IT’S THE HIGHEST SINCE APRIL 2010
Unemployment in the Mahoning Valley is the highest its been in almost a year.
In January, the combined unemployment rate for Mahoning, Trumbull and Columbiana counties was 11.6 percent, up from 10.5 percent in December.
The number of unemployed Valley workers hasn’t been this high since April 2010, according to numbers released by the Ohio Department of Job and Family Services.
That month, the Valley had 32,400 jobless workers, or an 11.9 percent unemployment rate.
In January, the Valley had 31,000 unemployed workers compared with 28,400 in December 2010.
Compared with January 2010, the number of unemployed workers living in the Valley has decreased by about 2 percent, down from 13.8 percent. The Valley had 37,400 jobless workers that month.
In Youngstown, unemployment was 12.5 percent in January, compared with 11.2 percent in December.
Compared to a year ago, unemployment in Youngstown decreased by almost 2 percent.
In January 2010, the city had 4,100 unemployed workers, or a 14.4 percent unemployment rate. In January 2011, Youngstown had 3,500 jobless workers.
Bert Cene, executive director of the Mahoning and Columbiana Training Association, said the organization has not seen any significant layoffs in the area to account for the unemployment increase between December and January.
The Mahoning and Columbiana Training Association operates the One Stop in both counties. One Stops are government organizations that help connect workers and employers.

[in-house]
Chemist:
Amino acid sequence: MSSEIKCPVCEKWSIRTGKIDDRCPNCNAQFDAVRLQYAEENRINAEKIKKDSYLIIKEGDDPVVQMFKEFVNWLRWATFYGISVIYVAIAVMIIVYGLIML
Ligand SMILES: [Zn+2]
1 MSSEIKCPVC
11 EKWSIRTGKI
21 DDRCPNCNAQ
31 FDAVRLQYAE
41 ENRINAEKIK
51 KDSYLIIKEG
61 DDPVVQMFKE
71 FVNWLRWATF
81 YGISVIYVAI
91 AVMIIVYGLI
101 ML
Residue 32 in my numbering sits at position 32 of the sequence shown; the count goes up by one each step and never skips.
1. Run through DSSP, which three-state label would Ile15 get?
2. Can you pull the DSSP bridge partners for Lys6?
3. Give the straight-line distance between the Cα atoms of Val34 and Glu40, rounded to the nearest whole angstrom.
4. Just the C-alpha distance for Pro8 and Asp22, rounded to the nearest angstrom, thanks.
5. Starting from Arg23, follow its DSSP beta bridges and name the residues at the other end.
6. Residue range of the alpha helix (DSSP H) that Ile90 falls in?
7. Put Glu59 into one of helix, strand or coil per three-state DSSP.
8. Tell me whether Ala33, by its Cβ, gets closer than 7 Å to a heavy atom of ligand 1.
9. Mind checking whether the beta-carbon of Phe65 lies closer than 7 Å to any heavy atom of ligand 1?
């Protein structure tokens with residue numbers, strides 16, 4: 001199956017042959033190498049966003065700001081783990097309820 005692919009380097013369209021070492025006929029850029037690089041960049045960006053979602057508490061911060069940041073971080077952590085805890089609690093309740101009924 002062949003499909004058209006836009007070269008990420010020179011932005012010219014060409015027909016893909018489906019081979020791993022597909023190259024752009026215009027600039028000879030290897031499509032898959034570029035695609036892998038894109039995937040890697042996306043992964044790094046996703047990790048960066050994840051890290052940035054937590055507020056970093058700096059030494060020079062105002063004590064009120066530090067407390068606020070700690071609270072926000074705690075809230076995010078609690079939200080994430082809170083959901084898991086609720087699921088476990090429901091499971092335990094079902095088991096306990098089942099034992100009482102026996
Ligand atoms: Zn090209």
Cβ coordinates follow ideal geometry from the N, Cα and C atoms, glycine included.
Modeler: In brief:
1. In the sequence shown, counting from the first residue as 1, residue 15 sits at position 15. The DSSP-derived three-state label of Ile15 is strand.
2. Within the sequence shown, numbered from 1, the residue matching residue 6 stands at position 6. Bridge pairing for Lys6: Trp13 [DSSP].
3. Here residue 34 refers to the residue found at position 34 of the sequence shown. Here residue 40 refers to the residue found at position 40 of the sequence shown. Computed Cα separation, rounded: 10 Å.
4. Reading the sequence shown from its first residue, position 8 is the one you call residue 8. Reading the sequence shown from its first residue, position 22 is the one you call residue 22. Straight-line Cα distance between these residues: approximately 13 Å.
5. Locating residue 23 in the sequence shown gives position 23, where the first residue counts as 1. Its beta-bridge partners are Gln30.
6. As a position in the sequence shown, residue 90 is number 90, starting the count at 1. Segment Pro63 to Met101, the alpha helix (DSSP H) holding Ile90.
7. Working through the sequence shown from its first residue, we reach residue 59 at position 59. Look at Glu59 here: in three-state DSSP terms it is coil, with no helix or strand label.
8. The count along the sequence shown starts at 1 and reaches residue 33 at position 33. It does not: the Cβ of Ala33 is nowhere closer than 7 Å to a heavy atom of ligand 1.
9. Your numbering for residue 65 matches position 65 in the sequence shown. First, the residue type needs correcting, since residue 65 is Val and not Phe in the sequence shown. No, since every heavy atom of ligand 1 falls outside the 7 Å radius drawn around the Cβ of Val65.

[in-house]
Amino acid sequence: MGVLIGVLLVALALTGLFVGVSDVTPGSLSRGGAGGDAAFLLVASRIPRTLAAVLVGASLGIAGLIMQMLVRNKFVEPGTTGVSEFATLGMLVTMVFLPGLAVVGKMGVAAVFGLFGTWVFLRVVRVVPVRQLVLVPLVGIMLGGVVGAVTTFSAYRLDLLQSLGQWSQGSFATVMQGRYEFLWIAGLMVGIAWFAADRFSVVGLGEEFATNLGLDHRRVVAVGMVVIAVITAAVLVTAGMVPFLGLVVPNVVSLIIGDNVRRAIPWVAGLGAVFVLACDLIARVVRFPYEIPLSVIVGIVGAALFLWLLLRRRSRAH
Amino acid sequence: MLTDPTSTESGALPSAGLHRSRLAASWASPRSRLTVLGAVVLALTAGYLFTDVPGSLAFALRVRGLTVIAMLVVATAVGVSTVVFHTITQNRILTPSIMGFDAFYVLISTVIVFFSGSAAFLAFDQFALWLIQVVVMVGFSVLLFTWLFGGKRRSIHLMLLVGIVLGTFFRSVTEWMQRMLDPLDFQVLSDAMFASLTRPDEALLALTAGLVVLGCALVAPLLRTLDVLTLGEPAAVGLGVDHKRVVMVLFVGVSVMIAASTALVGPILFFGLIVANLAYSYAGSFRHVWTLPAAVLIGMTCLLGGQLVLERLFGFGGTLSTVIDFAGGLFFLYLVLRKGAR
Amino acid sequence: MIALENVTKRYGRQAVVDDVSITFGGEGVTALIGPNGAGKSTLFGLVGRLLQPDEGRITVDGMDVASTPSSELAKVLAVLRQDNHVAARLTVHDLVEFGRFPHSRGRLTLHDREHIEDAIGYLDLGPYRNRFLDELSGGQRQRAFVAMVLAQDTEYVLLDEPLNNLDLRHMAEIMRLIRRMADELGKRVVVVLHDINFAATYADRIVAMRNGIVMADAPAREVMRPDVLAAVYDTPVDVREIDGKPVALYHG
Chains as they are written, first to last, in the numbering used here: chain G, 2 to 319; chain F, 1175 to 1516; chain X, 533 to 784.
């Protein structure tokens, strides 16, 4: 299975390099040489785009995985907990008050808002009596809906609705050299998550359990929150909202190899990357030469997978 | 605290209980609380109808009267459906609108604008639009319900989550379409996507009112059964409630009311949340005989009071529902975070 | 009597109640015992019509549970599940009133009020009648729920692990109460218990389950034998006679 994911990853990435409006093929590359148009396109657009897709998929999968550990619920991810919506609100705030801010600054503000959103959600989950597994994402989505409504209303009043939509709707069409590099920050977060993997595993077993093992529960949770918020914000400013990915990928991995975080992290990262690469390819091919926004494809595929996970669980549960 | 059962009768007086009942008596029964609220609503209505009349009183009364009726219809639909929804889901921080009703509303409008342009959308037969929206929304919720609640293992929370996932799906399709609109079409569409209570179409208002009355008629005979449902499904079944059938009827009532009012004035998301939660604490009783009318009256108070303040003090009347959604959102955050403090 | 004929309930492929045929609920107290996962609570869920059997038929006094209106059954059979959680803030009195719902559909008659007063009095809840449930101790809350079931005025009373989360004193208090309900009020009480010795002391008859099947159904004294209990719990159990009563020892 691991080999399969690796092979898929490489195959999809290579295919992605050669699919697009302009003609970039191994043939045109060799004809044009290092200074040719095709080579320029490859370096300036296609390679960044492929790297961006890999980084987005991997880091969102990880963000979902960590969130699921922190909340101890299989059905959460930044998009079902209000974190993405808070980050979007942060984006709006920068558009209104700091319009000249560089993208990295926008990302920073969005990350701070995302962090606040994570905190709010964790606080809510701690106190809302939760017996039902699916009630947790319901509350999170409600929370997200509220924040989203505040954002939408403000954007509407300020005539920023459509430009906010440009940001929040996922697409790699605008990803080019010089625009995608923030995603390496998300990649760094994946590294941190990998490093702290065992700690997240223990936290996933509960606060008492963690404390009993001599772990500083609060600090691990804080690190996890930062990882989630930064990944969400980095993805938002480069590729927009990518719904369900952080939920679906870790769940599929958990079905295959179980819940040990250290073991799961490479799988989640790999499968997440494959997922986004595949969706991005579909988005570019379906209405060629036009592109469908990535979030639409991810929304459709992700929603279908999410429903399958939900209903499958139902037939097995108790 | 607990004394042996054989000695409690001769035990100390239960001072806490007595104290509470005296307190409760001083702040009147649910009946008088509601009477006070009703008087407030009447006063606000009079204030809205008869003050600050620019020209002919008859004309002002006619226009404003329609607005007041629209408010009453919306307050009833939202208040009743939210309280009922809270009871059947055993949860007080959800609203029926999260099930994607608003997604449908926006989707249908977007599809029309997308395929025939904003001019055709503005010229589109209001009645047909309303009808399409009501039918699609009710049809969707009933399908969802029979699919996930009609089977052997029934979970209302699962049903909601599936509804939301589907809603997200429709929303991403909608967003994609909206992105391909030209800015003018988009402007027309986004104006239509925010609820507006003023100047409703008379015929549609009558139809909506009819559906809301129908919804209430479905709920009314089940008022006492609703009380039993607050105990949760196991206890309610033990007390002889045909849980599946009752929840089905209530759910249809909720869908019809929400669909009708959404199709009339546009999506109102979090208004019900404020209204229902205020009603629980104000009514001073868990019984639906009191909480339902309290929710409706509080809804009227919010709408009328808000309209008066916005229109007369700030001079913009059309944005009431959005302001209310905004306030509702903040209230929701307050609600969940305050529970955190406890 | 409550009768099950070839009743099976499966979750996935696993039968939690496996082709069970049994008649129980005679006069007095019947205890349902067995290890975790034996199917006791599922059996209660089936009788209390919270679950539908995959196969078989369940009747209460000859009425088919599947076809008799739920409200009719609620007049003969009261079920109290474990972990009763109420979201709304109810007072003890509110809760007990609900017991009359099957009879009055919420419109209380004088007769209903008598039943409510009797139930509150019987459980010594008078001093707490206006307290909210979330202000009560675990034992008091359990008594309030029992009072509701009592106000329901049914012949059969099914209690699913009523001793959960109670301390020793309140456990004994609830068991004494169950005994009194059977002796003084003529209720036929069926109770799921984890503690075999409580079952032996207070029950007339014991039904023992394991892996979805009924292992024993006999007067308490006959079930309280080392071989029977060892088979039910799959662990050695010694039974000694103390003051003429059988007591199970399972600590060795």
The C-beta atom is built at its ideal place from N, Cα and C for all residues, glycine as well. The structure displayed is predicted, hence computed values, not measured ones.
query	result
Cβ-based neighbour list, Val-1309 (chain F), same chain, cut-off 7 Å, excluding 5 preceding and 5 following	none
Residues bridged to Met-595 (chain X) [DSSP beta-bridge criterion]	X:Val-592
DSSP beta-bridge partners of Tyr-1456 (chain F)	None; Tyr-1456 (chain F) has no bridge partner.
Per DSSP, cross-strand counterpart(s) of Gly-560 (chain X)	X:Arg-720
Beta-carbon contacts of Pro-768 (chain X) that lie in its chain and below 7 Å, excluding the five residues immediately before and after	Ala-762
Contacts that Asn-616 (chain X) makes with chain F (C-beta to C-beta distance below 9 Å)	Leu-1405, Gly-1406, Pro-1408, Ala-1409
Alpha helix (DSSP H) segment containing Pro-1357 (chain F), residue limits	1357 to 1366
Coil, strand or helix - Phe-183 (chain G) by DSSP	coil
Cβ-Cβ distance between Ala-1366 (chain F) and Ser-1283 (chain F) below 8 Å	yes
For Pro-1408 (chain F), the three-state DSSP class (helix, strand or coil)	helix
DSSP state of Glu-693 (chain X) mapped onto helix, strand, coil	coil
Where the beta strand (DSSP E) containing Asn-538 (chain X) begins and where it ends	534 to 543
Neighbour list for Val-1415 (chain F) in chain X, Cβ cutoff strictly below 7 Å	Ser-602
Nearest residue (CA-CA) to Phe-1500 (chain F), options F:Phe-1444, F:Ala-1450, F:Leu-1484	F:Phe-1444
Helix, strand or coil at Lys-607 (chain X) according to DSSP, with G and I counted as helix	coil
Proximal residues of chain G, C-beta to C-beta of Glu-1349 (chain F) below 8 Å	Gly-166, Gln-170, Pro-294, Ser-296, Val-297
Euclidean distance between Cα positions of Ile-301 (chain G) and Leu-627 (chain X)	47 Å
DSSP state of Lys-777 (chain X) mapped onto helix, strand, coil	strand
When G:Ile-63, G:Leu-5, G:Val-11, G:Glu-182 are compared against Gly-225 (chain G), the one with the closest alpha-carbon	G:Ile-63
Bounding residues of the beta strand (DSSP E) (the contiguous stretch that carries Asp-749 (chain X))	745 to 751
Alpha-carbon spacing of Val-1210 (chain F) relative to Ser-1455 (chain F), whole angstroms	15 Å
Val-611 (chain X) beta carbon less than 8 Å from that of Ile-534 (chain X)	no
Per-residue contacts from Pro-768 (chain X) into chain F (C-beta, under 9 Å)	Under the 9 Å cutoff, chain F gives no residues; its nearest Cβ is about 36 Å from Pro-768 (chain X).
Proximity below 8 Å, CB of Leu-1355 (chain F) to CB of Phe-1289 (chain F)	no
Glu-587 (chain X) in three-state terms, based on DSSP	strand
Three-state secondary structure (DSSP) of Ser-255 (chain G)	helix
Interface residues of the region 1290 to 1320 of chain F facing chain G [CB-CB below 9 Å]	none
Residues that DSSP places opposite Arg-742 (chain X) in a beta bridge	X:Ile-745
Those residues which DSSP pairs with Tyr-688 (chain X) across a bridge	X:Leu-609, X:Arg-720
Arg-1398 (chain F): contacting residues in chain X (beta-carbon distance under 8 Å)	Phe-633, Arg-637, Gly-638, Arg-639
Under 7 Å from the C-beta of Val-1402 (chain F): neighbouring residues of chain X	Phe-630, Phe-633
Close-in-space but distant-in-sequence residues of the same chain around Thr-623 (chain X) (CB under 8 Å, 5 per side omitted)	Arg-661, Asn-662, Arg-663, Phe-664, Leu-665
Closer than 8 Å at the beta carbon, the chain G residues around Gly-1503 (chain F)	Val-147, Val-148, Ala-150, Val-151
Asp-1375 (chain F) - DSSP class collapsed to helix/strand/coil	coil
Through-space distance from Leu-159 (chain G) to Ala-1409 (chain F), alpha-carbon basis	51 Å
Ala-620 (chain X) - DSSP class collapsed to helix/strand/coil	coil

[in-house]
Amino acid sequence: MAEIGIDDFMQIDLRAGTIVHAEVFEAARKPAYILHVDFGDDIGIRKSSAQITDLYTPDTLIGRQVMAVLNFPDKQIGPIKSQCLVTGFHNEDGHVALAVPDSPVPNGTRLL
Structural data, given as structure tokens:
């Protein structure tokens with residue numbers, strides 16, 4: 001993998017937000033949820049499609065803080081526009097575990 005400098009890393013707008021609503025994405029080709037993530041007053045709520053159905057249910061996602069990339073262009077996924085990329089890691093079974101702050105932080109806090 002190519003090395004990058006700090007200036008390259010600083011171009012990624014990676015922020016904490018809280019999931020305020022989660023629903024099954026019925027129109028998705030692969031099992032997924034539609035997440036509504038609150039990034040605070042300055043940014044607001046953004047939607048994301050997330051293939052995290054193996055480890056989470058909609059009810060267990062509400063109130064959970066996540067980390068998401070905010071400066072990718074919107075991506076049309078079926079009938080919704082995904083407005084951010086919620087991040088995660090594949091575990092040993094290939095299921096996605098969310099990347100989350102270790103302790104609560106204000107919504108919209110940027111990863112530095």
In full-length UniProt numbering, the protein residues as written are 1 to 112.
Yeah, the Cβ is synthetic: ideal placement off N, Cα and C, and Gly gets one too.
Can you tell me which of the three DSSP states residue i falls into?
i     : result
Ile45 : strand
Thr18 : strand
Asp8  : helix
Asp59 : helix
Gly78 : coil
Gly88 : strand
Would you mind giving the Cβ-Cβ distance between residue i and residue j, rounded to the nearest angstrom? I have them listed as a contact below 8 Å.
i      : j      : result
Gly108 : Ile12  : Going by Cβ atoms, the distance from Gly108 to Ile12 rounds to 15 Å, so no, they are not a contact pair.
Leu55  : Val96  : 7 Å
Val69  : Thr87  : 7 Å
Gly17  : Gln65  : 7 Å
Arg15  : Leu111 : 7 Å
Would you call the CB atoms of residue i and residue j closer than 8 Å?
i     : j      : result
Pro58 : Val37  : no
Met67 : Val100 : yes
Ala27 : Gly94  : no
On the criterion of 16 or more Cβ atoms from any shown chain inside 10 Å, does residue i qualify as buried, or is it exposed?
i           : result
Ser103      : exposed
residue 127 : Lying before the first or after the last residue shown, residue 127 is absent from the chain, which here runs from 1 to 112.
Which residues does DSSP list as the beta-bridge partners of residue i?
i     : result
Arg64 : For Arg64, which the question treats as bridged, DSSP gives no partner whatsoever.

Because county unemployment numbers are not seasonally adjusted, Cene said they could have been affected by seasonal retail jobs ending and companies adjusting their inventories at the beginning of the year.
“Obviously, the numbers are much better than at this time last year,” Cene said. “We still feel the economy is showing signs of recovery, and there are still a lot of good things on the horizon. ... We’re cautiously optimistic,” he said.
Cene cited the expansions of V&M Star and the Marcellus Shale Coalition as developments that could lead to more local jobs.
Warren also experienced an unemployment increase between December and January and a decrease over the past year.
The city’s unemployment rate was 11.2 percent in January, up from 10.8 percent in December. Compared with last year, Warren’s unemployment rate experienced a drop of about 2 percent, down from 13.4 percent.
Warren had 2,300 unemployed workers in January.
For the state, January unemployment decreased to 9.4 percent, down from 9.5 percent in December and 10.6 percent a year ago.
Ohio had 551,000 unemployed workers in January, compared with 560,000 in December.
In the meantime, the high unemployment rates have led to an increase in demand at local food banks.
Mike Iberis, executive director of the Second Harvest Foodbank of the Mahoning Valley, said the organization has given 4 percent more food in the first two months of 2011 compared with the first two months of 2010.
The food bank serves Mahoning, Trumbull and Columbiana counties.
“We have a lot of chronically unemployed people, and some of them aren’t being counted because their benefits have run out, but they are still coming to the food bank,” Iberis said.
Iberis said the numbers have been steady for the past six months with about 12,000 people visiting the food bank every week.